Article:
My challenge took a back seat for a while with a family bereavement. My mother-in-law having reached the age of 93, plus a few months passed away at the end of January. To honour her I took a trip to South Wales, she was born in Fishguard and I had promised her to keep visiting both South and West of her native country. The bonus of travelling by rail was being able to see many bunches of mistletoe near Abergavenny, the downside was that the train was travelling too fast for me to photograph any. My friends took me to the coast where I went on a flower twitch. Yellow whitlow-grass is a rare plant and is also the county flower of West Glamorgan. It wasn't in flower but I did recognise it half way up the wall of a ruined castle. The photo is from a previous visit.
I also saw Corsican pine, sea buckthorn, Alexanders, a tamarisk tree and a dipper on a nearby stream.
The following day we went to The WWT reserve at Llanelli. The Bonaparte's gull was nowhere to be seen but I was happy with many of the regular birds. Little egret, redshank, spotted redshank, knot, dunlin, lapwing, reed bunting, shelduck, black-tailed godwit and greenshank were quite close to the hide. One of the birders let me use his scope enabling me to add red breasted merganser to my list. We left that hide and walked to the next one on the other side of the visitor centre. A greenfinch made its distinctive call just above our heads. This is another one I need for my patch list, but am unable to count . I was about 170 miles away from my local patch and even the latest scopes aren't that good. A quick glance at the feeder meant we saw a water rail darting from the reed bed. Our last hide revealed gadwall, pintail and distant views of some Brent geese. It had been a brief but profitable trip to Wales.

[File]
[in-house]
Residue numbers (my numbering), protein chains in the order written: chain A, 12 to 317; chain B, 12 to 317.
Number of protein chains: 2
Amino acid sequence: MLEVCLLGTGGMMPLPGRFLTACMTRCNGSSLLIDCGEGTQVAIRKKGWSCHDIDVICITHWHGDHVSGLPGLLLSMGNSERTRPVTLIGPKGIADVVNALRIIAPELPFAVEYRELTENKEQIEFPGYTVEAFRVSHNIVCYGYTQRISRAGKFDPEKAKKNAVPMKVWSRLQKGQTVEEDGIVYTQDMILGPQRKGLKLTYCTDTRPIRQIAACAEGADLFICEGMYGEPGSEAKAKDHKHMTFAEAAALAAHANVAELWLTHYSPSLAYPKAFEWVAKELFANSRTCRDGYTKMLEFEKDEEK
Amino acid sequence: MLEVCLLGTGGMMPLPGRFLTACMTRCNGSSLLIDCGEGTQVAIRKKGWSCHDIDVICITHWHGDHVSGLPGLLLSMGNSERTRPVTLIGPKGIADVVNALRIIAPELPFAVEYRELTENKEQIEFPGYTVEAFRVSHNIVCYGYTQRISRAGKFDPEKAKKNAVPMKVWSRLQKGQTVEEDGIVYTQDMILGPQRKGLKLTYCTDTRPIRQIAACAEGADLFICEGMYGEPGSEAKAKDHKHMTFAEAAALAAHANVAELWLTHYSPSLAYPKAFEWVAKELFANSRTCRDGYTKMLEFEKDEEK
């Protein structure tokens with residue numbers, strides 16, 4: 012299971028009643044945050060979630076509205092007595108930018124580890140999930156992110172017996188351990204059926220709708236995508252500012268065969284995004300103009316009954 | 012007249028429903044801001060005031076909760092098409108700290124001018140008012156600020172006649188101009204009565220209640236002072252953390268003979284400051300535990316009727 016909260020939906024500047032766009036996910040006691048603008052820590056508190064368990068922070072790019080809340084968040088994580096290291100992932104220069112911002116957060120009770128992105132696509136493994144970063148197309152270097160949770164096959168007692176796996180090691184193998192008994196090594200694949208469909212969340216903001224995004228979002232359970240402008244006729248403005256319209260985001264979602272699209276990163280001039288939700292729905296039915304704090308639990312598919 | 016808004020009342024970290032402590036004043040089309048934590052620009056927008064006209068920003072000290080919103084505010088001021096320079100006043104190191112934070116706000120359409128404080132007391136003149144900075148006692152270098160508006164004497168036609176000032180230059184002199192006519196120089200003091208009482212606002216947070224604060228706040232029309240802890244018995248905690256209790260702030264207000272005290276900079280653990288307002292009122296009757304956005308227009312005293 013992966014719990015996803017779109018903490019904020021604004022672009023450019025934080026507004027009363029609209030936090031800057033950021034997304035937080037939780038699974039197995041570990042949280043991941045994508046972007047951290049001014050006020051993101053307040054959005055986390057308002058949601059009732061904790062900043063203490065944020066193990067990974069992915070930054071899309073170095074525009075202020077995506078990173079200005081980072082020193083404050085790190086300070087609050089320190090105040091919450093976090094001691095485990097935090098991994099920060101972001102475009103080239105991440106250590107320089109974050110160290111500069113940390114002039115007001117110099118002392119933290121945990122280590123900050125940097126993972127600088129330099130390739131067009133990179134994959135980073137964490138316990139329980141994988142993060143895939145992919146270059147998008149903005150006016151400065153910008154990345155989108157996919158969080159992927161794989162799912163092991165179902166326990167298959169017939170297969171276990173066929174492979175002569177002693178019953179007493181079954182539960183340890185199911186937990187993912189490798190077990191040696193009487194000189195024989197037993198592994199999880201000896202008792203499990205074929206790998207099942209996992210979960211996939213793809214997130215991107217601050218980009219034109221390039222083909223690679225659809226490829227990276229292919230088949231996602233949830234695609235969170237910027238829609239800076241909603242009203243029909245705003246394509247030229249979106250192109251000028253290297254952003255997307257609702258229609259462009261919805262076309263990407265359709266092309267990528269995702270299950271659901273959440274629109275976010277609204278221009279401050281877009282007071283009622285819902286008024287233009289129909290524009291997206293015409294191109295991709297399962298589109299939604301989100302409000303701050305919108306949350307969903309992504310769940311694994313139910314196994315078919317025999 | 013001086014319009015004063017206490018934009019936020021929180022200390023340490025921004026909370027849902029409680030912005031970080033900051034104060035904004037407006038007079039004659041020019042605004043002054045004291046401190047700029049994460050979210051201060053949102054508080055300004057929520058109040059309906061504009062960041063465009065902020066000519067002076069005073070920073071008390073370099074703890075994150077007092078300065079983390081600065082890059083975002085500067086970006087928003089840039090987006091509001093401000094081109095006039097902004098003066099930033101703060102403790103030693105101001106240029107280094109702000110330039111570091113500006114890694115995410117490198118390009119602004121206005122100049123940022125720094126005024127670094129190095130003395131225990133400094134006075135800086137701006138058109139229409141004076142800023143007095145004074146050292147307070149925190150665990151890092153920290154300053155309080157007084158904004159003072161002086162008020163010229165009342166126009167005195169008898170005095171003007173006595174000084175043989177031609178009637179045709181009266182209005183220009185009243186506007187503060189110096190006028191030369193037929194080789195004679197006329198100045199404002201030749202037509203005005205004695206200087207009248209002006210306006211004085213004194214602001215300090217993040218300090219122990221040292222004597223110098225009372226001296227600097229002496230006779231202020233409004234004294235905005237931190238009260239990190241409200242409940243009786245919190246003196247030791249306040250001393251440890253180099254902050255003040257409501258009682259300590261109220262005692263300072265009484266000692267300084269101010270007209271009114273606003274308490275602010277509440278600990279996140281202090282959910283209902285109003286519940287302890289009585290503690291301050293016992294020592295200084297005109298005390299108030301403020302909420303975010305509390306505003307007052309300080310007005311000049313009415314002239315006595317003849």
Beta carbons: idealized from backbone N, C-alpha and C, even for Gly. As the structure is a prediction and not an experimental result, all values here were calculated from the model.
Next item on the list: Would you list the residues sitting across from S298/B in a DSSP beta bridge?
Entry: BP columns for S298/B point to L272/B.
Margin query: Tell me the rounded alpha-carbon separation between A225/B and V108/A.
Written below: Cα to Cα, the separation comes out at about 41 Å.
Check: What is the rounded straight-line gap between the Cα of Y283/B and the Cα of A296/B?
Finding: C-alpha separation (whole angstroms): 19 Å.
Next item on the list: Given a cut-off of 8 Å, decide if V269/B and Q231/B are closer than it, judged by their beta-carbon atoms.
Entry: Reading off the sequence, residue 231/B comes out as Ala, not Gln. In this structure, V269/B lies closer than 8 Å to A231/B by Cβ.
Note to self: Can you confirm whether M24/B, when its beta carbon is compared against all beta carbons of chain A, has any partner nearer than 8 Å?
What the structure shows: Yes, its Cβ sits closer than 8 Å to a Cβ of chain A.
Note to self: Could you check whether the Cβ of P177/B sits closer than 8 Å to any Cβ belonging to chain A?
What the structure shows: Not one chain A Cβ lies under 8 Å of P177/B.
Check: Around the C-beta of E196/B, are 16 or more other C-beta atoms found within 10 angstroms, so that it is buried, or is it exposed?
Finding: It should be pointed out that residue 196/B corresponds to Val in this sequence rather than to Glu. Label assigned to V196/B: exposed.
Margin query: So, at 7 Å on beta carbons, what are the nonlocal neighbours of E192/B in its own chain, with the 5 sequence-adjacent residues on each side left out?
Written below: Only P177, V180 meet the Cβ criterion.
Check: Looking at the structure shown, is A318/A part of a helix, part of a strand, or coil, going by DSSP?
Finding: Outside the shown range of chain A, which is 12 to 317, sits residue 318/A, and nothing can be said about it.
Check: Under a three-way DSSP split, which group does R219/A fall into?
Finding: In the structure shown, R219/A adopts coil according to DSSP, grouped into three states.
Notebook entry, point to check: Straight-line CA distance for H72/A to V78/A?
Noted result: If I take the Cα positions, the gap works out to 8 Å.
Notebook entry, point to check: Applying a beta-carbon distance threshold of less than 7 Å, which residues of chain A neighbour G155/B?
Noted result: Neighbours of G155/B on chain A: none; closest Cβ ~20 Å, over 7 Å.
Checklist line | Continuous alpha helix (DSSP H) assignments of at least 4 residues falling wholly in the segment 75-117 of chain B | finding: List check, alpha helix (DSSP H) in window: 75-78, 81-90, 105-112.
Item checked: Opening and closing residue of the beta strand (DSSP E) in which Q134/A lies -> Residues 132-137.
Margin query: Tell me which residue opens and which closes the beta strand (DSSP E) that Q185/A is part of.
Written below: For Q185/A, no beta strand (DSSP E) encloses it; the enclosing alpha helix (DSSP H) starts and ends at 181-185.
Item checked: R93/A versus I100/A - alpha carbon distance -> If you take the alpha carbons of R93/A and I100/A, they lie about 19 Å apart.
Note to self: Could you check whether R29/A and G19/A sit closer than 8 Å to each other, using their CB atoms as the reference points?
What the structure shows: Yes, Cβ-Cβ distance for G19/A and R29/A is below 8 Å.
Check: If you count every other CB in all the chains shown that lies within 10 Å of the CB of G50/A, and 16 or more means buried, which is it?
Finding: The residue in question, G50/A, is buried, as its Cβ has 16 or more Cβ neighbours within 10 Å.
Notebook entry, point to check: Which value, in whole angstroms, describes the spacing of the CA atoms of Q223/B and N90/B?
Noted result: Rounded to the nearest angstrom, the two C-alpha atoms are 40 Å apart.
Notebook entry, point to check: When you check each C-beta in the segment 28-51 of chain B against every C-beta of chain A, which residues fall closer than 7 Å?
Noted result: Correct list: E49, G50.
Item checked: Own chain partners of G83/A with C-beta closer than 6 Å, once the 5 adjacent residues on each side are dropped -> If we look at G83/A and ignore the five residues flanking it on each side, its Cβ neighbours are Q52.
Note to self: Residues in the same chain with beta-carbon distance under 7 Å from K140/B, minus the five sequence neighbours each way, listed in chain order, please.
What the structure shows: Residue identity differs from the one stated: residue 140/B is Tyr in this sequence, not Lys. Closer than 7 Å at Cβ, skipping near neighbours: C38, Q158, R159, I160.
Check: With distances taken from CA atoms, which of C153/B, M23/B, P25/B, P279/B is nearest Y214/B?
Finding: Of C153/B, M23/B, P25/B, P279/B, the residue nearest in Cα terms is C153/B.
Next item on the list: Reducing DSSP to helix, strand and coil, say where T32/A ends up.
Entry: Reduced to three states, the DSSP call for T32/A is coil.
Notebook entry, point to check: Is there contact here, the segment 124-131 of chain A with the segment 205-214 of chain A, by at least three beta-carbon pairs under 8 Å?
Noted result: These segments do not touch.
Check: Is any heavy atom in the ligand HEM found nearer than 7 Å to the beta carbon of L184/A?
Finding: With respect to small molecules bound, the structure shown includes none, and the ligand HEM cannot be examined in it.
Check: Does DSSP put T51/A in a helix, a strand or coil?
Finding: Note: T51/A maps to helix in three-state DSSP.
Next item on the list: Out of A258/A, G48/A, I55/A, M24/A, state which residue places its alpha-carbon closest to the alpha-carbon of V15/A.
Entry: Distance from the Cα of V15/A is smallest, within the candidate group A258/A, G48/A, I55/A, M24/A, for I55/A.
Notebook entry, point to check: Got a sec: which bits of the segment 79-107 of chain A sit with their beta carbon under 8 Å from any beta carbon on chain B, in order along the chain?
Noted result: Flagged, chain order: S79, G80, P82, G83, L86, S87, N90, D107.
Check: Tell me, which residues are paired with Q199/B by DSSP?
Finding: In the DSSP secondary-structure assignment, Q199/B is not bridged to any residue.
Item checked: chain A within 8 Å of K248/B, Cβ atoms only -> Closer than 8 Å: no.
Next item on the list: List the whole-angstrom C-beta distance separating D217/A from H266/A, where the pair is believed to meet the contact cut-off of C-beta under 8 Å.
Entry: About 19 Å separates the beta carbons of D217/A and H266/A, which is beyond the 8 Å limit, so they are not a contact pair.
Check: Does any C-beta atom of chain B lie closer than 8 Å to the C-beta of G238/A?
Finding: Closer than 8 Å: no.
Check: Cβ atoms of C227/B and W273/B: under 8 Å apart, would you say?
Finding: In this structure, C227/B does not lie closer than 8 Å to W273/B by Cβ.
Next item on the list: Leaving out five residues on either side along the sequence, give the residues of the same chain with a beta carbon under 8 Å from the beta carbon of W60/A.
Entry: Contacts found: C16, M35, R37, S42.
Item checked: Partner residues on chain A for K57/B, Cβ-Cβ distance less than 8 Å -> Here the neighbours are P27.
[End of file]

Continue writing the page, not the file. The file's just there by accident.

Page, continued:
Thank you Freda for giving me the reason to visit the land of your fathers. My species challenge is now 152.